I received this book for free from Publisher in exchange for an honest review. This does not affect my opinion of the book or the content of my review.Paradox by Charlie Fletcher
Series: The Oversight #2
Published by Orbit Books on August 18th 2015
Amazon・ Good Books・Book Depository
SOMETIMES YOU LOOK IN THE MIRROR – SOMETIMES IT LOOKS BACK
Those who belong to the secret society called the Oversight know many things. They know cold iron will hold back the beasts in the darkness. They know it is dangerous to stand between two mirrors. And they know that, despite their dwindling numbers, it remains their duty to protect humanity from the supernatural. And vice versa.
But two of the society’s strongest members, Mr. Sharp and Sara Falk, are trapped in the world between the mirrors, looking for each other, searching for a way back home. What they discover there will have ominous consequences both for the Oversight and the world it protects, effects that will make them question everything they thought they knew.
The Paradox is the much anticipated sequel to Charlie Fletcher’s dark and compelling urban fantasy debut, The Oversight.
So, remember awhile back when I read this book called The Oversight and was really into it and couldn’t wait for the sequel and the awesome it would surely deliver? Well Paradox has arrived and it delivered in spades (a phrase that has never made sense to me because okay, now I have a lot of spades? but I’m using nonetheless).
Reviewing sequels is tricky because it’s hard to find new ground to cover without spoiling book one (which, fear not, I will avoid). Many of the things I loved so much about The Oversight are still true. Creepy, ominous atmosphere? Still true and then some. I remember book one being tense and creepy but The Paradox takes it a step further and throws some gruesome horror in the mix. Also present is the previously praised eloquent writing and complicated, slowly unfolding plot. It had been a long time since I’d read The Oversight and it took me a moment to get up to speed but I think it says a lot with how subtly and thoroughly Charlie Fletcher worked in details and backstory that I was able to follow along without feeling info-dumped on until the new chapters of the story took off.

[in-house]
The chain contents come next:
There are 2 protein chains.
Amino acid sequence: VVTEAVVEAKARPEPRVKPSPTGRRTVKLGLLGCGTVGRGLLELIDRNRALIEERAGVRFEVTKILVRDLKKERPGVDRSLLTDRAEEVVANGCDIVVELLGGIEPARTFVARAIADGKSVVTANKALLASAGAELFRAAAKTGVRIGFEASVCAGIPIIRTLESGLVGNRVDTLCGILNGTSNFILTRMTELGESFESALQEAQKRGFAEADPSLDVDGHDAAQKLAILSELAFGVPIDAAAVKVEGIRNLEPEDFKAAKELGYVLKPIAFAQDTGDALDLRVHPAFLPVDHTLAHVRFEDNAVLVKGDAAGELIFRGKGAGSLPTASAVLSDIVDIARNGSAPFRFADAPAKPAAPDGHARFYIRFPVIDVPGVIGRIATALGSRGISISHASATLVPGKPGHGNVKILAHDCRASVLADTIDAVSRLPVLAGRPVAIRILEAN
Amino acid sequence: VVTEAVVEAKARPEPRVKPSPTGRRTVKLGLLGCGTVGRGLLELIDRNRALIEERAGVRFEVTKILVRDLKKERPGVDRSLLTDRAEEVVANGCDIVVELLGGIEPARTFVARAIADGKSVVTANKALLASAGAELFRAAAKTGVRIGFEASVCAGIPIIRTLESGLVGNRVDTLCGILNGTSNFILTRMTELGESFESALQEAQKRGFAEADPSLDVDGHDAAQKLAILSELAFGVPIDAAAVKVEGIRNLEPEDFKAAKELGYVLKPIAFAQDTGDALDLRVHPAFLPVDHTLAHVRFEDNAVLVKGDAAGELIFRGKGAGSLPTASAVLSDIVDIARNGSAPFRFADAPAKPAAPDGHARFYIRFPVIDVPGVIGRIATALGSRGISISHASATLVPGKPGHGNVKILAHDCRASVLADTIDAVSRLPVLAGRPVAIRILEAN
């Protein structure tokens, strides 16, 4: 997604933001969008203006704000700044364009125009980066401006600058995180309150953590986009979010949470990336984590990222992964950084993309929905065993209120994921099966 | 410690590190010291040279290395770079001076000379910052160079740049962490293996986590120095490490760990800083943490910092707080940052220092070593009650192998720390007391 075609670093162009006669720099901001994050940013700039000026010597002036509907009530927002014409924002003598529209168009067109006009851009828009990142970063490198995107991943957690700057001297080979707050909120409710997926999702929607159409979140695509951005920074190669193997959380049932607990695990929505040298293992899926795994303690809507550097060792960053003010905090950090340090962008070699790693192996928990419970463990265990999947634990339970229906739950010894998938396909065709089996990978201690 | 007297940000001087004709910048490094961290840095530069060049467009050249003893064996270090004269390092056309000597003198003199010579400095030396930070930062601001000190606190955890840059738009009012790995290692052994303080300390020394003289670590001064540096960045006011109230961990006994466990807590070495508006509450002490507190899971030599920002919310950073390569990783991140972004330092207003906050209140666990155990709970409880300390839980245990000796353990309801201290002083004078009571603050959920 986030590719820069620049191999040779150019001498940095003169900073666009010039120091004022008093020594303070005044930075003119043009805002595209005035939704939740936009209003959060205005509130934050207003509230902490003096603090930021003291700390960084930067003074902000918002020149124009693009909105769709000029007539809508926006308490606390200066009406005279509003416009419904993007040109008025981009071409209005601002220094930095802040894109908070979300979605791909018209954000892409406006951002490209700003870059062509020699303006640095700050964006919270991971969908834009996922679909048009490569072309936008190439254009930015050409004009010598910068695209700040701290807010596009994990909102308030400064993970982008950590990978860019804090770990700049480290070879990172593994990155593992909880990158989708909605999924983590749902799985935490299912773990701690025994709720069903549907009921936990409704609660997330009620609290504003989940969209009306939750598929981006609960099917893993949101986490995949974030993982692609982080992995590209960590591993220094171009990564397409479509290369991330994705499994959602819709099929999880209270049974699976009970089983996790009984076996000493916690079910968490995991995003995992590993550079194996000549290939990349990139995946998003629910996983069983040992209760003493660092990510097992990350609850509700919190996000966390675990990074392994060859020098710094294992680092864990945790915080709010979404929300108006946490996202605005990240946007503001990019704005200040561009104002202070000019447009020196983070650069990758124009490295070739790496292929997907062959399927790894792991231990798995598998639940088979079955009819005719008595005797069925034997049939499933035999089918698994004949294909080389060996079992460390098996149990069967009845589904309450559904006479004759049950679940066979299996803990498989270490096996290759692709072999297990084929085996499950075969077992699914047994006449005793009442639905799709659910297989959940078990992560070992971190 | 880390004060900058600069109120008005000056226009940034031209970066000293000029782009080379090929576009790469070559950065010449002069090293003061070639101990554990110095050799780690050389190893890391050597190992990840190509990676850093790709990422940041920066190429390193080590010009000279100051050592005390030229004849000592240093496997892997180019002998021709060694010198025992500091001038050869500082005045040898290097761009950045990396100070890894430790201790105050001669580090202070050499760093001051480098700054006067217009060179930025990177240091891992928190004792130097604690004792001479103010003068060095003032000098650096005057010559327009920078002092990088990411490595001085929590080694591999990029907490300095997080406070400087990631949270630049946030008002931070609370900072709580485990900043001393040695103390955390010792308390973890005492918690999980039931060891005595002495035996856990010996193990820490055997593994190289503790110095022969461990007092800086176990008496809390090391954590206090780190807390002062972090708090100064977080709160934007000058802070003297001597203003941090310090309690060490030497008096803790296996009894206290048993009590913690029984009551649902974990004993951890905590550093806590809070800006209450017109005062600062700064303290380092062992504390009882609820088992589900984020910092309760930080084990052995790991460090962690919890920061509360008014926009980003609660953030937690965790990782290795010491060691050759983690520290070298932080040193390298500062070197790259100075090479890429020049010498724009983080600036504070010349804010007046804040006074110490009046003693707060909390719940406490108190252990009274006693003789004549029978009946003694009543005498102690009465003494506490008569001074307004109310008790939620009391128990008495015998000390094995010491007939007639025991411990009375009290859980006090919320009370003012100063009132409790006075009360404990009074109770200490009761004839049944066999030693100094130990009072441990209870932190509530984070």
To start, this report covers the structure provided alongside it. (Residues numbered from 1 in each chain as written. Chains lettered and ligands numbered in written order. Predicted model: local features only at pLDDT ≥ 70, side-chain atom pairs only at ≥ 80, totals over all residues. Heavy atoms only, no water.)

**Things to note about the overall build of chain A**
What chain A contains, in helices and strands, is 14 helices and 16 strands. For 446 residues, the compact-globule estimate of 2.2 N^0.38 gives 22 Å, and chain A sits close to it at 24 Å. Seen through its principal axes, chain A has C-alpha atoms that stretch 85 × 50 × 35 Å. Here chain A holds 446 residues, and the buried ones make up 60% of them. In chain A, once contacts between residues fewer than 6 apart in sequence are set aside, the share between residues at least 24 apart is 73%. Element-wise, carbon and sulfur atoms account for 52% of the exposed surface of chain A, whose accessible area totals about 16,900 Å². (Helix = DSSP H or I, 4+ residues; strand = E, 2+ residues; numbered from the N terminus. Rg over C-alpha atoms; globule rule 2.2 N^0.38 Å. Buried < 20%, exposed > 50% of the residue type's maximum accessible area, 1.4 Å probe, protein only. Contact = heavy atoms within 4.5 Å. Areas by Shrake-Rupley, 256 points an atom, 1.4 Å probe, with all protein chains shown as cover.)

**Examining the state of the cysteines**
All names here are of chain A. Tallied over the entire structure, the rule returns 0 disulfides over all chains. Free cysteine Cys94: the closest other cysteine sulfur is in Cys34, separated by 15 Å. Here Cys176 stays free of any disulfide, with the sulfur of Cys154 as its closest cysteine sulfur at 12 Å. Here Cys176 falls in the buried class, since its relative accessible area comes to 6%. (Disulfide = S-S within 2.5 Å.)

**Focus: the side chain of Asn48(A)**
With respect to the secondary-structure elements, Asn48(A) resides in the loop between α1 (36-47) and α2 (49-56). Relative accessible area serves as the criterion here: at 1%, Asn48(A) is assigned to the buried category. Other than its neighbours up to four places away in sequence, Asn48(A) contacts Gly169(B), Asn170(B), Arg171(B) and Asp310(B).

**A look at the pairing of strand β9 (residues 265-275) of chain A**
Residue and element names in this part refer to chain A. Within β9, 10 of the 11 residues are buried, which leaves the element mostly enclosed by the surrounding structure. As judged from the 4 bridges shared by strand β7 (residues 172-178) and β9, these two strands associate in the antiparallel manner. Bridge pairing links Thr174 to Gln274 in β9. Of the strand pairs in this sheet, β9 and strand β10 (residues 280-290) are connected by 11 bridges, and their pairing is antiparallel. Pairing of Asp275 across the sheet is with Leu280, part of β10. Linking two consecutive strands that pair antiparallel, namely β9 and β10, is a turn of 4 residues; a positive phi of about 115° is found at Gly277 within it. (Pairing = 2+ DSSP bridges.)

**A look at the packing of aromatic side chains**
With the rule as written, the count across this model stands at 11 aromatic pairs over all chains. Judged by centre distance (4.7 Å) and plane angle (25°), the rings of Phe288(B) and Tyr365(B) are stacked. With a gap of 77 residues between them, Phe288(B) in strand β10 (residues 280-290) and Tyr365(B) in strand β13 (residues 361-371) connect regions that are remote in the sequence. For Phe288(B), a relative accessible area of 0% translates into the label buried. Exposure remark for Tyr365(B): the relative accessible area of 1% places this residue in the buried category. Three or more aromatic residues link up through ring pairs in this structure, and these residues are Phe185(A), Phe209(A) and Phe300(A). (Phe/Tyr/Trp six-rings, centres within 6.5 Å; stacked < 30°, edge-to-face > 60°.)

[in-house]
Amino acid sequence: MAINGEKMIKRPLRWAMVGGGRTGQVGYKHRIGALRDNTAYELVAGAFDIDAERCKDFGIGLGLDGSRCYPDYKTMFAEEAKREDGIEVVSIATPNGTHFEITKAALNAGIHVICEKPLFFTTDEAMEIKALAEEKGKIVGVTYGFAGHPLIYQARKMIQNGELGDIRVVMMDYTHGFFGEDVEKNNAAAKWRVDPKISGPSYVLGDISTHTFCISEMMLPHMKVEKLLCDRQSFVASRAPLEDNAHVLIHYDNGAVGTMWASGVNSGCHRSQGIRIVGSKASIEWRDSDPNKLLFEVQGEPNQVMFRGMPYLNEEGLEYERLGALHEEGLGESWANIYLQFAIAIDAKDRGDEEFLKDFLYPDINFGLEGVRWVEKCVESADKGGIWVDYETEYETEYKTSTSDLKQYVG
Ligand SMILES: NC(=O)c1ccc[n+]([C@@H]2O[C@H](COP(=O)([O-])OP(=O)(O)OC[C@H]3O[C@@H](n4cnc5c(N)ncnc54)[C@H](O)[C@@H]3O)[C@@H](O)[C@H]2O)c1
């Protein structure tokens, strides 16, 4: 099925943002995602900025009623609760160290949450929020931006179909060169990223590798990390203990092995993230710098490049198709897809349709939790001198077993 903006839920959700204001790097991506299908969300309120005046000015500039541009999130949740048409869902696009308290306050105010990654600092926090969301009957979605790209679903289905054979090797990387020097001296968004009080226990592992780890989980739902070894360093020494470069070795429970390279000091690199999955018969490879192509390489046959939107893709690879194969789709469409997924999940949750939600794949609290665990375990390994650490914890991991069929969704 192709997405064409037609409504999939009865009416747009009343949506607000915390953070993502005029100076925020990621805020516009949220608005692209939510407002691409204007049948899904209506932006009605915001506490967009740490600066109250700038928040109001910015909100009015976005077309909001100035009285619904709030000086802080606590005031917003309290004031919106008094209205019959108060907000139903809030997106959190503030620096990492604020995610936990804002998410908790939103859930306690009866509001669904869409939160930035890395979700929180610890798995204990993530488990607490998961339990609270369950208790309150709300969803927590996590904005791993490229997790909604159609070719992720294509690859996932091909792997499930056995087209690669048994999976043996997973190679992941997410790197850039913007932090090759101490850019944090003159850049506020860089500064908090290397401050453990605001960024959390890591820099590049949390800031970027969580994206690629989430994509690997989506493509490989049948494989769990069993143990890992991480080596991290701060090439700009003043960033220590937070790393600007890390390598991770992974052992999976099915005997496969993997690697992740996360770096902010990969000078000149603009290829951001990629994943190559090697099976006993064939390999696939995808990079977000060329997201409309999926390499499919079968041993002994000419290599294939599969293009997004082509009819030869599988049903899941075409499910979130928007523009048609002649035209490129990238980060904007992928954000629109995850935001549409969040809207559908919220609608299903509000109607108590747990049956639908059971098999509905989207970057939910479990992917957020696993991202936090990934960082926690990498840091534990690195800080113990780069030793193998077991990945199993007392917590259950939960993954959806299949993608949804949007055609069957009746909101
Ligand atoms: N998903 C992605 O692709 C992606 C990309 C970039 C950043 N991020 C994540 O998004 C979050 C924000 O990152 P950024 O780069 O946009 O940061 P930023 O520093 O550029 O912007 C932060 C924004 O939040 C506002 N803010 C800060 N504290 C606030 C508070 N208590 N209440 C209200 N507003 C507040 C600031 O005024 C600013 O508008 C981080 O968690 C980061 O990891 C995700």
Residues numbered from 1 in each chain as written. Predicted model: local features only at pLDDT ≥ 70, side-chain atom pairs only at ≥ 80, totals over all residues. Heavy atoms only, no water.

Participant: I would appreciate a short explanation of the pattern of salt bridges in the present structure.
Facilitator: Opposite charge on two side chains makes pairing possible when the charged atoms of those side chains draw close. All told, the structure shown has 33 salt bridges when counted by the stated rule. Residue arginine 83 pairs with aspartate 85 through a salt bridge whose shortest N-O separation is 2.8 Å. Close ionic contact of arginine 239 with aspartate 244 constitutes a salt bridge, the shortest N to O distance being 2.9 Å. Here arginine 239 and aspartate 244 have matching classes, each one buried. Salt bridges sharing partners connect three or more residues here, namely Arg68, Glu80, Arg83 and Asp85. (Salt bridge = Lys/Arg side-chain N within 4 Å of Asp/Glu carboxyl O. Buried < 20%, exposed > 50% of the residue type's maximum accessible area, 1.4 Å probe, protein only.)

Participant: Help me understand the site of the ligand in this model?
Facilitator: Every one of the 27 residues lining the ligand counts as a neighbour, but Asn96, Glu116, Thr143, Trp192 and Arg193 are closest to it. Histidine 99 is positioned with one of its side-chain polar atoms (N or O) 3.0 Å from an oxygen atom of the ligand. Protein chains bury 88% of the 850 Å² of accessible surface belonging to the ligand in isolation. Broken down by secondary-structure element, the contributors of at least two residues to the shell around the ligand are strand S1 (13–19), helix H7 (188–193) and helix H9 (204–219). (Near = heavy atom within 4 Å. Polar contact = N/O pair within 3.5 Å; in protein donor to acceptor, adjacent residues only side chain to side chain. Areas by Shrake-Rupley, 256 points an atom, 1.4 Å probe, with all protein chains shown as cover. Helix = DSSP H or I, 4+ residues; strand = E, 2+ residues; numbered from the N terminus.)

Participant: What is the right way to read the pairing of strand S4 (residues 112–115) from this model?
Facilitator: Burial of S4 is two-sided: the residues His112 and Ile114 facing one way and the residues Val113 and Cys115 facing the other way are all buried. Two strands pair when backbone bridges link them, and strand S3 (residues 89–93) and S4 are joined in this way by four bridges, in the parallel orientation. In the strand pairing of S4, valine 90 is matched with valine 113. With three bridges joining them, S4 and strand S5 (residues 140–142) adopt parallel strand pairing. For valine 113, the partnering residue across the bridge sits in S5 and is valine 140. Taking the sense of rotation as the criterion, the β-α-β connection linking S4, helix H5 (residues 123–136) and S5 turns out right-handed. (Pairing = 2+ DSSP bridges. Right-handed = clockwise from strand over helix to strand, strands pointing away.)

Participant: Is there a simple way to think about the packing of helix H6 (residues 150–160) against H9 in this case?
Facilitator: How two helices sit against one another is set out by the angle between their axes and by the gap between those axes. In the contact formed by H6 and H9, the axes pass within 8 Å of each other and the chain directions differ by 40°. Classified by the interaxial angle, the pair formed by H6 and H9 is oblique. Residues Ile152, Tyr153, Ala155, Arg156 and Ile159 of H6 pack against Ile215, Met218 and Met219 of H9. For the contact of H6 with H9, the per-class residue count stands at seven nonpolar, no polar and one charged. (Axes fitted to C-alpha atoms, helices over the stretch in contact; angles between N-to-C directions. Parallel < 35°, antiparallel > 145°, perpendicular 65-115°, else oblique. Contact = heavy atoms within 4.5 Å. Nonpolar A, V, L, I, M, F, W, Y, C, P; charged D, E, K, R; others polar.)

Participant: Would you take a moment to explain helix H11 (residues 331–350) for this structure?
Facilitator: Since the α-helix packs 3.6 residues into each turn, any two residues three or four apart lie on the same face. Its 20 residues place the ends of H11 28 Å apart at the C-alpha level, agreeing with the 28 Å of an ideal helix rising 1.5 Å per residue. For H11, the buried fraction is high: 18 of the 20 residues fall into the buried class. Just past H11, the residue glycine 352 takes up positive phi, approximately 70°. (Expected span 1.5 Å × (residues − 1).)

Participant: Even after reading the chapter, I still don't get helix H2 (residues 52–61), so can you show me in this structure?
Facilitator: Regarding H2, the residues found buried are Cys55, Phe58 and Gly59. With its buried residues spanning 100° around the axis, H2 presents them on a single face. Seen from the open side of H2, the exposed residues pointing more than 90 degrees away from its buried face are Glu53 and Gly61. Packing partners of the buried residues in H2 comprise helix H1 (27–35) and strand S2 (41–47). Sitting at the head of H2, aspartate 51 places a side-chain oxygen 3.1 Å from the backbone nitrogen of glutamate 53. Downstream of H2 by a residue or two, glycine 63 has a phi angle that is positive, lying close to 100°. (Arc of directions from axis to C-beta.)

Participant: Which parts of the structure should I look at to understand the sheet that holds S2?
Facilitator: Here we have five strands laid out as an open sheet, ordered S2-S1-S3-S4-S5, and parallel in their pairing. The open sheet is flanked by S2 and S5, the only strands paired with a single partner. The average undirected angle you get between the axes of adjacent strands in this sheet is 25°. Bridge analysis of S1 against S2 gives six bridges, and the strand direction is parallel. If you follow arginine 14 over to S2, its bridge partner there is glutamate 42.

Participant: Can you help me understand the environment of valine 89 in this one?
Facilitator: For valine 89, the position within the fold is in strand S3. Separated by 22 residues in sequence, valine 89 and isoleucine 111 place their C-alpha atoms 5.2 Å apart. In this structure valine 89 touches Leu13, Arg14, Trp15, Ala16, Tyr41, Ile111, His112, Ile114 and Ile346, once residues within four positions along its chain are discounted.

The pacing is still quite slow and stately, building piece by intricate piece to an explosive conclusion, but this time featured more history and backstory for both the characters and, in a twist that delighted the ever-loving shit out of me, the villainous Slaugh (to way oversimplify, the evil orcmancreaturethings that are main arm of the supranatural menace the members of the Oversight keep at bay).
Guys, I LOVE stories that play with perspective, specifically bad-guys-who-see-themselves-as-good-guys perspective (this, obviously, does not apply to whiny, entitled fuckboys who massacre villages because luuuurve or whatever). One of the key themes The Paradox plays with is what makes a monster? At what point does history and intent justify/stop justifying your actions? It points out that, even when they’re necessary, cycles of war and violence are perpetuated by both sides and each side has their own take on things. Fletcher depicts the humanity in his monsters while never letting you totally forget they’re monsters and I loved it so, so much.
My favorite thing about The Paradox is the healthy level of respect for capabilities and deadliness of women. Given the time period these books take place in, it would be easy to have women take a back seat bc ~historical accuracy~ so I appreciate the shit out of the fact that not only does that not happen, but there’s a subtle, continuous feminist push. It has a very ‘Who killed the world? (Men)’ vibe at play. There are women bad guys but the great, overarching players on the bad guy side are rich, old, white men (aka the patriarchy).
Seriously guys, the ladies not only run this but are complex, unique people and Fletcher clearly put a lot of intention and effort into conveying that (it’s honestly so impressive how individual all these characters are because there are approximately eleventy billion of them). There is an endless parade of oh so many badass ladies in all different shapes, sizes and levels of moral ambiguity (including a teen girl figuring out her sexuality and hey, look, it is maybe not straight) and I loved the shit out of it. Also worth noting, while not actually relevant to the review but I don’t know where else to put it, Fletcher’s story in the acknowledgements of having dinner with Terry Pratchett (one of my absolute idols and, imo, one of the greatest authors to ever write for those who don’t know) and their conversation about writing strong, complex lady characters made me cry.
To conclude, if you haven’t checked out these books and have a passing interest in creepy, complicated, atmospheric horror fantasy, you are missing out and should probably rectify that ASAP.